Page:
Systemic complications

Infections, osteoporosis, adrenal insufficiency, bone marrow suppression, renal damage and hyperlipidaemia may occur due to medication.

Therapeutic management


Lichen planus is a chronic disease, and the primary focus of treatment is to control symptoms and minimize damage. The treatment should be associated with the severity of the disease and the less possible side‐effects and should improve the patients’ quality of life.

In these guidelines, we give recommendations about treatment modalities of the various forms of LP trying to achieve the highest author’s consensus level in the order of preference.

All the drugs, except topical steroid preparations, constitute off‐label treatment modalities.

Management of cutaneous lichen planus

The aim of the management of cutaneous lichen planus is to reduce itching and shorten the duration between onset of the disease and resolution of the lesions.

Topical glucocorticoids are the treatment of choice, although their efficacy has not been proven in well designed, randomized, controlled trials. When topical glucocorticoids are ineffective, oral corticosteroids are administered. Oral corticosteroids are also preferred from the beginning of treatment, when atrophic lesions appear early in the evolution of the disease.

First‐line treatments

The first‐line treatments are summarized in Table 3.

Table 3.
The following interventions are recommended for the treatment of cutaneous lichen planus

Topical steroids (superpotent and potent such as triamcinolone acetonide, fluocinolone acetonide, betamethasone dipropionate and clobetasol propionate) or

Triamcinolone intralesional injection, especially for more hypertrophic or unresponsive lesions (5–20 mg/mL every 2–4 weeks)54

Systemic corticosteroids (oral or intramuscular injections) If lesions are unresponsive to topical treatment, oral prednisone of 30–80 mg/day for 4–6 weeks or intramuscular injections of triamcinolone 40–80 mg every 6–8 weeks are administered.55, 56
Acitretin 20–35 mg/day, or isotretinoin57-59
Oral cyclosporine (3–5 mg/kg/day)60

Symptomatic treatment

Oral Antihistamines

Sedating antihistamines can be more effective in severe pruritus, but the reported adverse reports (safety problems/sleep disturbance/accidents) minimize their use.

Topical antipruritic agents

Menthol, camphor, doxepin, polidocanol, etc., can be prescribed as an adjuvant to the main treatment.

Second‐line treatments

Although numerous treatment modalities exist, the physician should consider the benefits of the prescribed therapy against the possible side‐effects, because cutaneous LP is a self‐limited disease with very few complications.

The second‐line treatments are summarized in the following Table 4.

Table 4.
The following interventions are suggested for the treatment of cutaneous lichen planus
Broadband or narrowband UVB.63, 64
Combination of UV and acitretin
Topical calcineurin inhibitors (tacrolimus, pimecrolimus – twice/day for 1–2 months)61 Topical calcineurin inhibitors (tacrolimus, pimecrolimus – twice/day for 1–2 months)61
Sulphasalazine, initial dose of 1.5 g/day increased by 0.5 g/week to 3 g/day for 4–16 weeks11, 62

The third‐line treatments are summarized in the following Table 5.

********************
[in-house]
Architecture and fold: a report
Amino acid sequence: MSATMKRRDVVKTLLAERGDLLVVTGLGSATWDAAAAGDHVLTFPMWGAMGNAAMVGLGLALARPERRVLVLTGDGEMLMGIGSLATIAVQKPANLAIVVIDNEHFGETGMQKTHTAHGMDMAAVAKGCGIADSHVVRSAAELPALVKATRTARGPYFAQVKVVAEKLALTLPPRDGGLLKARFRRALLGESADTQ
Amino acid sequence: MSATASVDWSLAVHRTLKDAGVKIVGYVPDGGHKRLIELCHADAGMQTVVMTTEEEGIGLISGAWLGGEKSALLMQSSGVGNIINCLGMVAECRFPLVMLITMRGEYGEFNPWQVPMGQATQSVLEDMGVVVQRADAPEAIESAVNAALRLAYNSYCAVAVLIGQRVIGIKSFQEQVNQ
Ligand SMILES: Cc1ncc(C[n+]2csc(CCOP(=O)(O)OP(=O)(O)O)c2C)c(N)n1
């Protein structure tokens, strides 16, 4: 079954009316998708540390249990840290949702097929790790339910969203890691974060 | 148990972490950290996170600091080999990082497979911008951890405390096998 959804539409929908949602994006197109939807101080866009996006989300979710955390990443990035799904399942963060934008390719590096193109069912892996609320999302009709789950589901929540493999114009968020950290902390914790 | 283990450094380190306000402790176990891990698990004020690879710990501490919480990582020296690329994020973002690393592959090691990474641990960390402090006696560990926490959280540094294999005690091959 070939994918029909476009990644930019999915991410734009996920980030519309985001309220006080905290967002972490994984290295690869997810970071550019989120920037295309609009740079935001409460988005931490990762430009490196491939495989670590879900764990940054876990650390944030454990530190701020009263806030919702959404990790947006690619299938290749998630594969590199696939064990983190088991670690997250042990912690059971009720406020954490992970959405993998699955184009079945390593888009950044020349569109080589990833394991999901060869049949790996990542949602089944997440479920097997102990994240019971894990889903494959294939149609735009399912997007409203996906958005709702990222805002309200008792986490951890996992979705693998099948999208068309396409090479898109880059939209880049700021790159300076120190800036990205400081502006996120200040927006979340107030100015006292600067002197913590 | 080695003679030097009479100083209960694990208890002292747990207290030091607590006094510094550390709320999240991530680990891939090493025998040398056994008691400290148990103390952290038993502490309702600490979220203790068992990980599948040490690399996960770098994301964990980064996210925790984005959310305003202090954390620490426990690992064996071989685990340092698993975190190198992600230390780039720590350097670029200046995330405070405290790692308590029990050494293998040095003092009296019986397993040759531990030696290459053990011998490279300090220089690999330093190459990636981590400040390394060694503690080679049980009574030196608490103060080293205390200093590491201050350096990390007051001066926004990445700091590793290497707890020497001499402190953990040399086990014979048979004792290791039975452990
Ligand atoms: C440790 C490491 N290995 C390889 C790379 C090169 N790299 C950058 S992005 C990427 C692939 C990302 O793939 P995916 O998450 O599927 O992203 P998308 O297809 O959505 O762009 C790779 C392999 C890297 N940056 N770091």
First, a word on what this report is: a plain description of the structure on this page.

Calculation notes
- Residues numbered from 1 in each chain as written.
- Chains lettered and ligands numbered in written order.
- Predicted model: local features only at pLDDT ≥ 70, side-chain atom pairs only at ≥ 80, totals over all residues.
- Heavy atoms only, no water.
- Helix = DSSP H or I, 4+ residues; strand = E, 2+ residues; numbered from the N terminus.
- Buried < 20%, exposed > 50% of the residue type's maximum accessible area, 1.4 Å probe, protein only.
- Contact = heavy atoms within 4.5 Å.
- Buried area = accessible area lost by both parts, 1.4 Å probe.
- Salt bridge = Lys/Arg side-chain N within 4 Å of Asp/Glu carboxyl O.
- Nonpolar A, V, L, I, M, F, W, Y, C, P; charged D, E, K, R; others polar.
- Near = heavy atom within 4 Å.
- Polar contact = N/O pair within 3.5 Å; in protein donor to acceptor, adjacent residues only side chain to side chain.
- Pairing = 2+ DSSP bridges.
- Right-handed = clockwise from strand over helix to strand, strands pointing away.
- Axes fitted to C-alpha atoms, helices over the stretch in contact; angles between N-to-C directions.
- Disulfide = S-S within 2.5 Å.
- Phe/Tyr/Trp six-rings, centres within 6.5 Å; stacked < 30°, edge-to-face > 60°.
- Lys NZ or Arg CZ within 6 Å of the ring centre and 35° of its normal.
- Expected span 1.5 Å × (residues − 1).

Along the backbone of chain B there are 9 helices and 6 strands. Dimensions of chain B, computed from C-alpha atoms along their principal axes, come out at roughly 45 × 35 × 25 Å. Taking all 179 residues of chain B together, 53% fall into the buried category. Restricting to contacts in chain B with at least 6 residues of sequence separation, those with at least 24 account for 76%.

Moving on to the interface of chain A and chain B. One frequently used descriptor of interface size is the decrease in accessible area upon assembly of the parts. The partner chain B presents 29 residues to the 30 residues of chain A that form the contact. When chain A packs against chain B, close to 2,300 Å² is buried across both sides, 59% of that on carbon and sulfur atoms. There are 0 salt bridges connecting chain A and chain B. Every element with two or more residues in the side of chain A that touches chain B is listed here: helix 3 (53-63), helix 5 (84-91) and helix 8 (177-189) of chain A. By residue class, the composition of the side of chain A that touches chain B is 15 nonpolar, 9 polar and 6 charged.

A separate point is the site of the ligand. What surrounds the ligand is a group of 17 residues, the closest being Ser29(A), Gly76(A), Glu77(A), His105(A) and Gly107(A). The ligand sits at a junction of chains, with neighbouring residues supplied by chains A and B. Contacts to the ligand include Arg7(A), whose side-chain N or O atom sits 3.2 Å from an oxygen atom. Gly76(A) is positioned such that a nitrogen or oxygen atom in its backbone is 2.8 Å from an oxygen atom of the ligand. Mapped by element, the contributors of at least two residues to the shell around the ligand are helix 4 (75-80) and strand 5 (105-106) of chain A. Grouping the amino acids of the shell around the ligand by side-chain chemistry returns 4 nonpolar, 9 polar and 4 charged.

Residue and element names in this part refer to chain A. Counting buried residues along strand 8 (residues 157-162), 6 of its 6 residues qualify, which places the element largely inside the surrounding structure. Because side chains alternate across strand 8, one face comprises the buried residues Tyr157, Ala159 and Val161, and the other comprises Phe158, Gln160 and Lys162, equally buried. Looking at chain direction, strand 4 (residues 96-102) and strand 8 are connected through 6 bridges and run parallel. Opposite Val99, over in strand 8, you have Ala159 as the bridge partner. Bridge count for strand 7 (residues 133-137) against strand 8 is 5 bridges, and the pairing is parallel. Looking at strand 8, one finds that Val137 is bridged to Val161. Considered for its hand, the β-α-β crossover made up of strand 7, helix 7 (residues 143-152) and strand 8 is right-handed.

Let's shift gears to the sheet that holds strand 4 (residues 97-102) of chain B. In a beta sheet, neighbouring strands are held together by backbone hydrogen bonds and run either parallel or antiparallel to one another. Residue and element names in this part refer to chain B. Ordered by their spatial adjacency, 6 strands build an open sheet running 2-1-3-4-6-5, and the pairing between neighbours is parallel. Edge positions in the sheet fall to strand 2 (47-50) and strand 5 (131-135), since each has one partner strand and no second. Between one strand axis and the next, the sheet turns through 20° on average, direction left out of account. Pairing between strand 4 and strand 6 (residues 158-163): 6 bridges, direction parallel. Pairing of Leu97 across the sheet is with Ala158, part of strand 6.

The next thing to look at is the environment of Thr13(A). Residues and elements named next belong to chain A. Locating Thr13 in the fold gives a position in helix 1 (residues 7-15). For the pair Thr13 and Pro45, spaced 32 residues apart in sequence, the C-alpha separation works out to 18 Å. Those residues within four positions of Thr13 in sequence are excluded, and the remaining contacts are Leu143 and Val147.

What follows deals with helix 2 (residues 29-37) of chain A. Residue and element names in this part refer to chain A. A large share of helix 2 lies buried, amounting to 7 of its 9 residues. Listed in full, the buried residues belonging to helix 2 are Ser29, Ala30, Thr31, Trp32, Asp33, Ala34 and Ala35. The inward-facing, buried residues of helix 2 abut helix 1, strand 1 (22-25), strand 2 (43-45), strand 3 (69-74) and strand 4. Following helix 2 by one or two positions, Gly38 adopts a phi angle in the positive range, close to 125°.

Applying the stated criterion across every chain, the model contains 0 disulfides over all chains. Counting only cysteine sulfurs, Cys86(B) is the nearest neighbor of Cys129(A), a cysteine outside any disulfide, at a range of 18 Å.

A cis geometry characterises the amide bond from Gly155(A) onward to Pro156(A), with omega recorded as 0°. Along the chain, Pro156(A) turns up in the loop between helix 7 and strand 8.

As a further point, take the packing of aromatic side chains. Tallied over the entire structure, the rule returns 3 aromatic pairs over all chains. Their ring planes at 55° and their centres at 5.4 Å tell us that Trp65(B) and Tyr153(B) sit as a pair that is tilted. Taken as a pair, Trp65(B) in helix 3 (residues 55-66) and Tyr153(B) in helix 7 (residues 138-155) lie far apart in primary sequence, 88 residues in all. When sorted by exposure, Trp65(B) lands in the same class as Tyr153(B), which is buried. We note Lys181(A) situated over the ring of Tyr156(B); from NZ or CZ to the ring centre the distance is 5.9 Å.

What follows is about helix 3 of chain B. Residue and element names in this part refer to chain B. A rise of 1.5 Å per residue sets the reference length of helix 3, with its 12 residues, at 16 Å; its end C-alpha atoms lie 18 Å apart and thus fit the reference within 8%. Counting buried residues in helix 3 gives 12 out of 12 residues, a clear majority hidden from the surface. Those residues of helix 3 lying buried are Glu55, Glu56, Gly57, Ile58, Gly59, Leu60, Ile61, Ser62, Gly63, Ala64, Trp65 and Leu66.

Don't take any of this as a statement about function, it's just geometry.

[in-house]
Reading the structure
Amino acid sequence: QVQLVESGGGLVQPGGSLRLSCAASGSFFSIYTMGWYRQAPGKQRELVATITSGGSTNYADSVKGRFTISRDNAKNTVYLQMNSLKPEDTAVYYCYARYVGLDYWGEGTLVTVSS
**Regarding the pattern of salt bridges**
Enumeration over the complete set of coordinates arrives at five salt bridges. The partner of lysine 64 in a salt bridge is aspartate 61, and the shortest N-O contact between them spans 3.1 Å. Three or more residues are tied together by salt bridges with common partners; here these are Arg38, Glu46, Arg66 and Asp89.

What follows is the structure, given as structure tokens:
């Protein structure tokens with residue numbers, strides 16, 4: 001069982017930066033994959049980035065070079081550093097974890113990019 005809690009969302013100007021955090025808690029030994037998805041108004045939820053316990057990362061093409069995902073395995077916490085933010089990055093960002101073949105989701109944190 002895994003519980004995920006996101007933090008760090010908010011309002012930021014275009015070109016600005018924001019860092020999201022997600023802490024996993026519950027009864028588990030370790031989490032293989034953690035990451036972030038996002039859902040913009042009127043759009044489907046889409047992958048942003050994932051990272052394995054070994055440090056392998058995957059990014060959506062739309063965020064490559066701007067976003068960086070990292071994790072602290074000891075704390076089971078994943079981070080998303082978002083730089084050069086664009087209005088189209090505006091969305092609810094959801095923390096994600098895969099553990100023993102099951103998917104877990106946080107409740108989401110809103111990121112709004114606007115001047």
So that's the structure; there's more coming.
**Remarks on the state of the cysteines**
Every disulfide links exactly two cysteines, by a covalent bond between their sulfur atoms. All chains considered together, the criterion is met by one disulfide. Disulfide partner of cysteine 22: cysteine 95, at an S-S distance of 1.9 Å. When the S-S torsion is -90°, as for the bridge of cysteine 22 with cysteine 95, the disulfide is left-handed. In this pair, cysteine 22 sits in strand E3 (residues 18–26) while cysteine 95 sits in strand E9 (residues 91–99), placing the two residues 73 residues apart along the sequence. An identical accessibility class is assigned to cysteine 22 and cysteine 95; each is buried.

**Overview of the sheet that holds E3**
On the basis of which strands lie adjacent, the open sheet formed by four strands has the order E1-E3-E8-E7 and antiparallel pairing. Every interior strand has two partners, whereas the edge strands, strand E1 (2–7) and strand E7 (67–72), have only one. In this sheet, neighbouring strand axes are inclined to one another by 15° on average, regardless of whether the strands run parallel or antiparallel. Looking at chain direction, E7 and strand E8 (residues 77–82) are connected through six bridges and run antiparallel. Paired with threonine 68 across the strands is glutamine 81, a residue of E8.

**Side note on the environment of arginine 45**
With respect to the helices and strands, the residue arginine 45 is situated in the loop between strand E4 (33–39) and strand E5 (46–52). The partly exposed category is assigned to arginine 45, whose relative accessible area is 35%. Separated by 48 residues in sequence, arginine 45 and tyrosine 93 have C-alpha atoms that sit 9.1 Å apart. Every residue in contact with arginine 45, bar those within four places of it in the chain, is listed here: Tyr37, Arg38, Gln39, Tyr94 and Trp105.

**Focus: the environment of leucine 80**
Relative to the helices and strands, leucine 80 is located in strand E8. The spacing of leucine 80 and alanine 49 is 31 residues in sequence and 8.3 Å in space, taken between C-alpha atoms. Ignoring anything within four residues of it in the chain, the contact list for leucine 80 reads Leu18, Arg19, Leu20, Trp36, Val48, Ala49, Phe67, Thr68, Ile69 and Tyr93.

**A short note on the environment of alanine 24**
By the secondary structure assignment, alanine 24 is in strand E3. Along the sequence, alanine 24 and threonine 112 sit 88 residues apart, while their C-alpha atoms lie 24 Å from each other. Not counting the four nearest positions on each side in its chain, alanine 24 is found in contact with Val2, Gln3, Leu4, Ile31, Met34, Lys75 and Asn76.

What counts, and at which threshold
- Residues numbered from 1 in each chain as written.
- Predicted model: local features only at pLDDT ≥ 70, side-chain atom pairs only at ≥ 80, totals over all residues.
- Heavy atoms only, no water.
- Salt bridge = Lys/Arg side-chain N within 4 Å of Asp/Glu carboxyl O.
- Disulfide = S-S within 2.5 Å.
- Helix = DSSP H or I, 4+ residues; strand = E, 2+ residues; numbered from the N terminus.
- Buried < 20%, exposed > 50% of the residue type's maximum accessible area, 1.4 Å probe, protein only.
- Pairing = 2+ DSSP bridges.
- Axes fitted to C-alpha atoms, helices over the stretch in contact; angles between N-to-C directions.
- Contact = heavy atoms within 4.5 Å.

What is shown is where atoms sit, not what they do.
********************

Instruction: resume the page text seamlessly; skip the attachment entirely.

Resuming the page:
Table 5.
The following interventions can be considered for the treatment of cutaneous lichen planus
Topical calcipotriol ointment65
Metronidazole66 (250 mg every 8 h for 12 weeks)
Hydroxychloroquine sulphate11 (200–400 mg/day)
Itraconazole67, terbinafine68, griseofulvin (why antifungal therapy is sometimes effective in LP remains to be elucidated)
Tetracycline69, doxycycline
Mycophenolate mofetil (0.5 g twice daily for four weeks, and then 1 g twice daily for at least 20 weeks)70
Azathioprine (50 mg twice daily orally or 1–2 mg/kg/day, for a period varying from 3 to 7 months)71
Methotrexate (15–20 mg/week for 4–15 weeks)72
Cyclophosphamide73 (50–100 mg/day for 3–6 months)
Interferon a2b. Interesting approach especially if lichen planus is associated with hepatitis C.76
Low molecular weight heparin (enoxaparin 3 mg/week)78
Photodynamic therapy79
Extracorporeal photochemotherapy80
Nd‐YAG laser, low‐dose 308 nm excimer laser81

Management of mucosal–oral LP

Mucosal LP is often difficult to treat, particularly when ulcerations and erosions are present. For many years, treatment modalities for mucosal LP had been aimed at palliation rather than cure of oral symptoms.84-86 However, current treatments should intend to the elimination of symptoms and potentially reduce the risk of malignant transformation.

General measures

Based on studies and expert opinions, measures of general care can be discussed before the onset and during the treatment. Patients should be advised of the need to maintain good oral hygiene and to avoid mucosal trauma. Depending on the severity of the disease, regular personal and professional dental care, replacement of amalgam or gold dental restorations,87 avoidance of smoking, spicy food and alcohol may be indicated for some patients with oral lichen planus.6, 7

If the cause of oral lichenoid lesions is suspected to be a systemic drug (Table 6), the physician should change the implicated drug to another medication.

Table 6.
Drug‐induced lichen planus
Antihypertensive ACE inhibitors, beta‐blockers, nifedipine, methyldopa, diuretics (hydrochlorothiazide, furosemide, spironolactone, chlorothiazide)